It had been a long day, and Ken just wanted to sink into his favorite chair with his coffee and the TV remote. Sally was at the “Y” teaching water aerobics, and John and Katie were at school working on the latest musical production. Ken stretched and pushed back the chair. His eyes had just closed when he was jarred upright, the remote flying. The loud fog horn on the local fire engine had sounded and red flashing lights filled the living room. What in the world was going on?!
Ken rushed out of the house to find Sue Davis screaming at the firemen. By now the police were coming around the corner onto their cul-de-sac. The fire chief tried to calm Sue. “Ma’am, we aren’t going to try to hurt anyone, but we need to get inside the house.”
“But you don’t understand. Tony isn’t a bad kid. He’s not.”
Ken got to Sue and asked her what was going on. “I don’t know. He’s just not right. I called him for dinner and when he didn’t come, I went into his room. He just went ballistic, told me to get out and threw something at me. I closed the door before it could hit me, but I smelled something putrid and saw smoke, so I called the fire department.”
Lately, Tony had gotten mixed up with some rough boys who always seemed to be in trouble. He hadn’t come to terms with his father’s suicide a year ago, so Ken had tried to talk with him. For a while it seemed to be working, but then Tony just quit coming to church and didn’t want anything to do with his youth group friends. Ken called, but Tony was always too busy, so they had lost touch.
The fire chief got into Tony’s room and confiscated the makings of an explosive. The policeman took him into custody. What a lifeless expression he had on his face as they pushed his head down and put him into the police cruiser. How had it gone so far? What was he planning to do with an explosive? The possibilities swirled in Ken’s head. Tony went to the same high school as John and Katie. He shuddered.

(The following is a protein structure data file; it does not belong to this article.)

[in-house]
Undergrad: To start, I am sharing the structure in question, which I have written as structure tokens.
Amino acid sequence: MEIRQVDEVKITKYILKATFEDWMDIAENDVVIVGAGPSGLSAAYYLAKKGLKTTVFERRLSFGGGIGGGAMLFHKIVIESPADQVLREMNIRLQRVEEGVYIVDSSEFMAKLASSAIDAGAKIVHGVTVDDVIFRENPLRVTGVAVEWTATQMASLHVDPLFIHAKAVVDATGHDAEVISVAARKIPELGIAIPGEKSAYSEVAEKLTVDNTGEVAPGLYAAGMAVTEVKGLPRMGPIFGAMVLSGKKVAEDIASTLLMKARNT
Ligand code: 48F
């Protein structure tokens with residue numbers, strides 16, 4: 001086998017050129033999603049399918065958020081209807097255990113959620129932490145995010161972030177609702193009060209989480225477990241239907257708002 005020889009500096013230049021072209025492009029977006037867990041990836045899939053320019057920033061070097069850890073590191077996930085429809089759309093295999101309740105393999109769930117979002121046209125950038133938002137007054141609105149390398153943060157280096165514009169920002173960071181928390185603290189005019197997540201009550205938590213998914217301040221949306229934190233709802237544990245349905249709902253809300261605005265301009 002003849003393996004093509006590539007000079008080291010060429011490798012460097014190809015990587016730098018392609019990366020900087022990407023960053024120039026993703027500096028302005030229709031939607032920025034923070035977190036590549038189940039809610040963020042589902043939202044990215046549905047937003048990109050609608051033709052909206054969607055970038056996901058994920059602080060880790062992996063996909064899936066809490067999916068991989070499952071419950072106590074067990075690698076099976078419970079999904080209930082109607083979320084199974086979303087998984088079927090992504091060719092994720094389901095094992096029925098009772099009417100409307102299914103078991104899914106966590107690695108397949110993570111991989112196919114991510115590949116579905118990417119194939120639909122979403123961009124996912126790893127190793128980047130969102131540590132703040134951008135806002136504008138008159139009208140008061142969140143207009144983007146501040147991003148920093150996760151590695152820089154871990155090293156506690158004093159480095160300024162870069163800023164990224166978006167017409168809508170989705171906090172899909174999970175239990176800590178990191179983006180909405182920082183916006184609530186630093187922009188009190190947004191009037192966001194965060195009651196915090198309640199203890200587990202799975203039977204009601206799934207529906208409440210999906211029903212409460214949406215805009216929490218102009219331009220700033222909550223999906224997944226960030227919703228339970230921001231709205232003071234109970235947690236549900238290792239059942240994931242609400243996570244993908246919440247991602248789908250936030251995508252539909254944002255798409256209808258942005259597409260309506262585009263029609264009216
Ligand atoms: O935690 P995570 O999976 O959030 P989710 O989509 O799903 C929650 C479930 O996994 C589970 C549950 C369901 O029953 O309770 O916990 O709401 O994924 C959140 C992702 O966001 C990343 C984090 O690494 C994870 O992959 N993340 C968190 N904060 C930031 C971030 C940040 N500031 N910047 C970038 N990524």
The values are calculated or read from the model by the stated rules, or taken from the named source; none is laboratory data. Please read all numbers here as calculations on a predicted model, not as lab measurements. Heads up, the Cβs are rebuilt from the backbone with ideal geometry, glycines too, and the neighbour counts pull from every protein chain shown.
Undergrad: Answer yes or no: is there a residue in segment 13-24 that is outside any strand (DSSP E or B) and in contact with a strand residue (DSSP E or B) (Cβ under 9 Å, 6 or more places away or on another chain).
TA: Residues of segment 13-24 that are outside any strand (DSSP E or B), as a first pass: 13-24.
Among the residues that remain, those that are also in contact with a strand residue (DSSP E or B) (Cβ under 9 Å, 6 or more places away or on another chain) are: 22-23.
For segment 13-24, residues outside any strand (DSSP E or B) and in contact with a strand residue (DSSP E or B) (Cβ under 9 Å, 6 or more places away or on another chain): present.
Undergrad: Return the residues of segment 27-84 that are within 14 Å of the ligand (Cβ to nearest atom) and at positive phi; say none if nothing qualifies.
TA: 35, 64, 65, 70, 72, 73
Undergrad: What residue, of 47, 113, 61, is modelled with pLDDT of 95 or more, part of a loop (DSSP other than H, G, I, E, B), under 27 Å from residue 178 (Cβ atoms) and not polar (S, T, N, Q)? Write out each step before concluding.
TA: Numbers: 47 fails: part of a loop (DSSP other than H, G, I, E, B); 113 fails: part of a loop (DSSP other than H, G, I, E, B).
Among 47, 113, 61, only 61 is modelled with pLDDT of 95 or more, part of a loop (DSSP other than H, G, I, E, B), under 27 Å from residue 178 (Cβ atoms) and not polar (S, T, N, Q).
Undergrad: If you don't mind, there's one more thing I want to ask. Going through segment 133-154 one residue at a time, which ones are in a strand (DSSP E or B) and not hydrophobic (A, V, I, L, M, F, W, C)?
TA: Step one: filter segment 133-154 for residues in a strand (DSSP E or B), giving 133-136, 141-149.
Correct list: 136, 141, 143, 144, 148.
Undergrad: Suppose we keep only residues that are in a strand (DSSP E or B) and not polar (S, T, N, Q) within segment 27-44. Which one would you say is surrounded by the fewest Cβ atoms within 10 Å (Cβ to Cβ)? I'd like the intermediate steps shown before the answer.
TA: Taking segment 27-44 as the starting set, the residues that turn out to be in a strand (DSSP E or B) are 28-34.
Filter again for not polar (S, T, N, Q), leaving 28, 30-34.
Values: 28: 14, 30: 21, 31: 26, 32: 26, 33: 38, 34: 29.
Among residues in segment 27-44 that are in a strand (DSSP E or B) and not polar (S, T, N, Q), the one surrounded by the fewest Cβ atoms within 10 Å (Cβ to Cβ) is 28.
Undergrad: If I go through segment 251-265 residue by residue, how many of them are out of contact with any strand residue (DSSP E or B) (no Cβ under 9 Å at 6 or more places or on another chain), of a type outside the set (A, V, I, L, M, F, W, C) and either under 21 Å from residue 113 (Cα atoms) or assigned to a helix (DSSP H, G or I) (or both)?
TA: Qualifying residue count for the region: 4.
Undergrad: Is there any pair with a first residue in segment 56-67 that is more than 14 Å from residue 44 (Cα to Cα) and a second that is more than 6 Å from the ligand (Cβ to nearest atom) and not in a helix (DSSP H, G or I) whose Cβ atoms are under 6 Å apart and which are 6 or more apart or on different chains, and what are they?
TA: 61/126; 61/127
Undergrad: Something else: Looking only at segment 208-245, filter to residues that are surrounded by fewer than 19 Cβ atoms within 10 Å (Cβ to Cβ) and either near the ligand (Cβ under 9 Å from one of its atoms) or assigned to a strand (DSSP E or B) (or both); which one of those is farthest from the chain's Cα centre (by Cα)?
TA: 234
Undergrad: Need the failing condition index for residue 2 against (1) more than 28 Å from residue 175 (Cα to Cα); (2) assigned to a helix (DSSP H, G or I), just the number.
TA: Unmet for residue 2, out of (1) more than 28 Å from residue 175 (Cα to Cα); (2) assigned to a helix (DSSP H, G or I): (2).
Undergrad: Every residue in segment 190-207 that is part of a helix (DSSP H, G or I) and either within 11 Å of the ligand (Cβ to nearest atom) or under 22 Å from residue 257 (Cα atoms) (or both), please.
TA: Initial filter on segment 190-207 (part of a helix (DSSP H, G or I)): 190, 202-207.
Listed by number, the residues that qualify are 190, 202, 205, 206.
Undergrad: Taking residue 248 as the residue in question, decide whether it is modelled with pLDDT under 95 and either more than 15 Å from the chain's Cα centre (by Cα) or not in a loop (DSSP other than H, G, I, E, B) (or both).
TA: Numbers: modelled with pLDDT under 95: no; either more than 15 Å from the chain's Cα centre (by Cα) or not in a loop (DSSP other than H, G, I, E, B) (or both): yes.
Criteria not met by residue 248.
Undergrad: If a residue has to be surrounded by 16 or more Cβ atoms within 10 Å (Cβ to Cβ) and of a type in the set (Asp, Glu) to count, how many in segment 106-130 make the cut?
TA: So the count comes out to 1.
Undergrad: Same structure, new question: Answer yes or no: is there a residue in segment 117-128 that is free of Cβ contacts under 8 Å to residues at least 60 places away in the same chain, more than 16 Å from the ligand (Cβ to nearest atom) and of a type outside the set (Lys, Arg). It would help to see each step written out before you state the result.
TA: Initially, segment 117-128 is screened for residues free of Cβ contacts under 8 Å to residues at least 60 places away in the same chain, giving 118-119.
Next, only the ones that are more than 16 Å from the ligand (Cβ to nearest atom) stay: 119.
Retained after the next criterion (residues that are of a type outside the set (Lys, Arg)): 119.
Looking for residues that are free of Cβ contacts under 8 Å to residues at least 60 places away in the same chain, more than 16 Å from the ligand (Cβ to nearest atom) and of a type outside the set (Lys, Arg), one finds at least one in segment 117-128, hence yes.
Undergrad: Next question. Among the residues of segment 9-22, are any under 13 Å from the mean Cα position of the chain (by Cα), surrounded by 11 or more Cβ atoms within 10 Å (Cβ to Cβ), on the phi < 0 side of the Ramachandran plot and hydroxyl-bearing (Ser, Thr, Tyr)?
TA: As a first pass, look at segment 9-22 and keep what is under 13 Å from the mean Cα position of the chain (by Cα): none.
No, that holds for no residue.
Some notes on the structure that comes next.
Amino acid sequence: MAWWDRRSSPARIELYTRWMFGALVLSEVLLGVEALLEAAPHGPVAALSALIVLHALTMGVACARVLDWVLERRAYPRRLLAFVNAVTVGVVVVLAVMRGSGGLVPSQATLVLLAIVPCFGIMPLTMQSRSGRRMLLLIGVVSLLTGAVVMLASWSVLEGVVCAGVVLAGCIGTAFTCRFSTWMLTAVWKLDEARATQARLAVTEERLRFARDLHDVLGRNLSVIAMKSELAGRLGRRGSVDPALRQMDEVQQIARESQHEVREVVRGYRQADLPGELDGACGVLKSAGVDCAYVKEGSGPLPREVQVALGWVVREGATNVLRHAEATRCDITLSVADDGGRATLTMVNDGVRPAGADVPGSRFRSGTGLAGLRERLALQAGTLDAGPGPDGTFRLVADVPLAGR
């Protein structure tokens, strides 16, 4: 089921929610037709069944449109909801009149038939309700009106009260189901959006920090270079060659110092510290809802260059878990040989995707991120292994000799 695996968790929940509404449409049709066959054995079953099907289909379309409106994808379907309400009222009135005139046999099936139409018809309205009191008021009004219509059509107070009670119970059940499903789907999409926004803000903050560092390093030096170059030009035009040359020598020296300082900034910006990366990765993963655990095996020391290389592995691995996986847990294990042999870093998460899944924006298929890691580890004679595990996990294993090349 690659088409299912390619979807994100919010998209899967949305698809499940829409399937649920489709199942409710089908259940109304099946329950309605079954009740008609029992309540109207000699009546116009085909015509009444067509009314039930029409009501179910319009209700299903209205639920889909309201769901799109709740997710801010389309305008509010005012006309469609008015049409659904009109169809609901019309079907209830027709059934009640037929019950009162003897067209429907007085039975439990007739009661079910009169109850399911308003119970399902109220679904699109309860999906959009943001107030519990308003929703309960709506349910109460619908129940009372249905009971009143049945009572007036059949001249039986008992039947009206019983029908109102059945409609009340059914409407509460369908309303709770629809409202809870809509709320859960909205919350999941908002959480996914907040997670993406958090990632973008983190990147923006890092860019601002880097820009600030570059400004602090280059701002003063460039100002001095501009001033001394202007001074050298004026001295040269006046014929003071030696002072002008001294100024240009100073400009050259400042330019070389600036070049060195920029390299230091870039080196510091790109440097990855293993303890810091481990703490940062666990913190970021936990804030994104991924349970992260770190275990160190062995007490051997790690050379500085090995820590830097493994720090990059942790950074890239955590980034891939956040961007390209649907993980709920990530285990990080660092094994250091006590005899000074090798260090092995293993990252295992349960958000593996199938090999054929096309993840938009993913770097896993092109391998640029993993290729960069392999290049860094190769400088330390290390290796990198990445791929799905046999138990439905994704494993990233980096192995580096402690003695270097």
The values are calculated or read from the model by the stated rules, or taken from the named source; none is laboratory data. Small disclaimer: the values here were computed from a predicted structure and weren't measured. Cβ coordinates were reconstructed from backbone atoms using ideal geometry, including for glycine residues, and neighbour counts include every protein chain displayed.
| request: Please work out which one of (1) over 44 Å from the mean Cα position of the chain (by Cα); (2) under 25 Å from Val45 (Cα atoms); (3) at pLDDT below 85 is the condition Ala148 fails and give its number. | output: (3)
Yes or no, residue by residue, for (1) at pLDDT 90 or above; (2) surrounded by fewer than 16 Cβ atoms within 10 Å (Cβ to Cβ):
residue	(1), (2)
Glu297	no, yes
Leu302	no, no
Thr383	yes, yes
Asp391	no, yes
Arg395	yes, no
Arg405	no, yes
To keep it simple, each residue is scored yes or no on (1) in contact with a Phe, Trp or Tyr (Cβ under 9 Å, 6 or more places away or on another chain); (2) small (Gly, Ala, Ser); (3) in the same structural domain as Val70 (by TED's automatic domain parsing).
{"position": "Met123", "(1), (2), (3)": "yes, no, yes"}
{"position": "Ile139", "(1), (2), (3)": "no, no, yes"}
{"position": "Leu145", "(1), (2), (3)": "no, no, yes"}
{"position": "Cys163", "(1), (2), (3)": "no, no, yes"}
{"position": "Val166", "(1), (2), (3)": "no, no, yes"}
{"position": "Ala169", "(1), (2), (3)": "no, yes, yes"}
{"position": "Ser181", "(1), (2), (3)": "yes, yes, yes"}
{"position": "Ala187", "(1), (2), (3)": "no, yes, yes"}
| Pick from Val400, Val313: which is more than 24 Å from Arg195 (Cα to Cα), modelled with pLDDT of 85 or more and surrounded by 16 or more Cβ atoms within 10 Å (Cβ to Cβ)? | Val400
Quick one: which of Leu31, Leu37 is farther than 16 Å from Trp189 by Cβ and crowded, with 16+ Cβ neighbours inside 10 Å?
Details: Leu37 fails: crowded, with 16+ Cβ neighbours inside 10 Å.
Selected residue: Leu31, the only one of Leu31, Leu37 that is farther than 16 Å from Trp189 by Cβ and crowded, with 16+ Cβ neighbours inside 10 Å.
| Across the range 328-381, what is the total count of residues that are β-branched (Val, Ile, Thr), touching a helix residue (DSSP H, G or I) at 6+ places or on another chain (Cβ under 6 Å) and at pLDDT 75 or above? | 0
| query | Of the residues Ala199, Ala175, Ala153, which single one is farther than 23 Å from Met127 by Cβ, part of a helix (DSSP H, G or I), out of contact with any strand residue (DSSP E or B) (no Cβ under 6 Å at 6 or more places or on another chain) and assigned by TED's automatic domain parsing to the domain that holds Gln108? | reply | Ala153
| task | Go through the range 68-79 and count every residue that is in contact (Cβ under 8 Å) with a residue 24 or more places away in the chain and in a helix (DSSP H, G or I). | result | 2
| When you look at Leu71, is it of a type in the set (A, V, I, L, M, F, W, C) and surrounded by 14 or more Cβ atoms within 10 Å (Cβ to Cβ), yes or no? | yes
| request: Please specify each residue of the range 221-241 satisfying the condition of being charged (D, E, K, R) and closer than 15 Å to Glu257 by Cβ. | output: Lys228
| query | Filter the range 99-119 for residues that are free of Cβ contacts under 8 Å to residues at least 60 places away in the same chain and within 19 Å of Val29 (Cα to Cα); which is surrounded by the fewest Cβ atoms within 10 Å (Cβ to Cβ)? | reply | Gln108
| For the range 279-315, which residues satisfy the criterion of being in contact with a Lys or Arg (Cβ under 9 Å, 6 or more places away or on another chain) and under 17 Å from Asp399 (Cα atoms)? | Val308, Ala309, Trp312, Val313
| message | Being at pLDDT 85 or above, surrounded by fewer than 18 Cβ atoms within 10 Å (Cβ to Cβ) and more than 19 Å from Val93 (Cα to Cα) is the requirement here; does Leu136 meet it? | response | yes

Ken walked back to his house and found his chair. He didn’t care about the TV remote anymore, or his coffee. He wasn’t likely to drift off to sleep anytime soon either. His mind was trying to take it all in. Did Tony’s mom know how far he had drifted? Was she in denial, or did it really just get this dreadful today? The phone rang and he jumped to get it.
“Yes, this is Ken Bennett. Yes, I know Tony. Sure, I’ll be there in about twenty minutes.” Ken hung up the phone and jotted a quick note to Sally.
Officer Catlett was waiting for him. Once he showed some ID, he was taken back to see Tony. “You want to talk, son?” he asked him. Tony raised his chin to find Ken’s eyes.
“I had them call you, wasn’t sure you’d come. Why’d you come anyway? I’m nothing but trouble—just like my dad, right?”
“You are IN trouble, Tony; but let’s try to figure this out. Do you remember our last talk?”
“You asked me why I was blaming myself for Dad’s…you know…death. I couldn’t answer you then, but maybe I know now. He was working so hard so me and Mom could have all the best things. He wasn’t making it, and then he lost his job. Didn’t he know I didn’t need all that stuff?” Tears began to smear the soot and ash on his face.
“Tony, I’m afraid your dad fell into a trap of Satan. He wanted to be like his corporate friends. It wasn’t just about you and your mom. We’ve talked about peer pressure in youth group, but adults are subject to that in their world, too. Have you heard that old saying, ‘keeping up with the Joneses’? Well, your dad wanted to be one of them, so he had to keep up. Only he couldn’t. Now you’re trying to keep up with the guys you’ve been hangin’ with lately, and I think you see where that’s headed.”
Tony looked down again. “Can you help me get back?”
“Are you ready to turn around?”
As Tony nodded, Ken began to pray.
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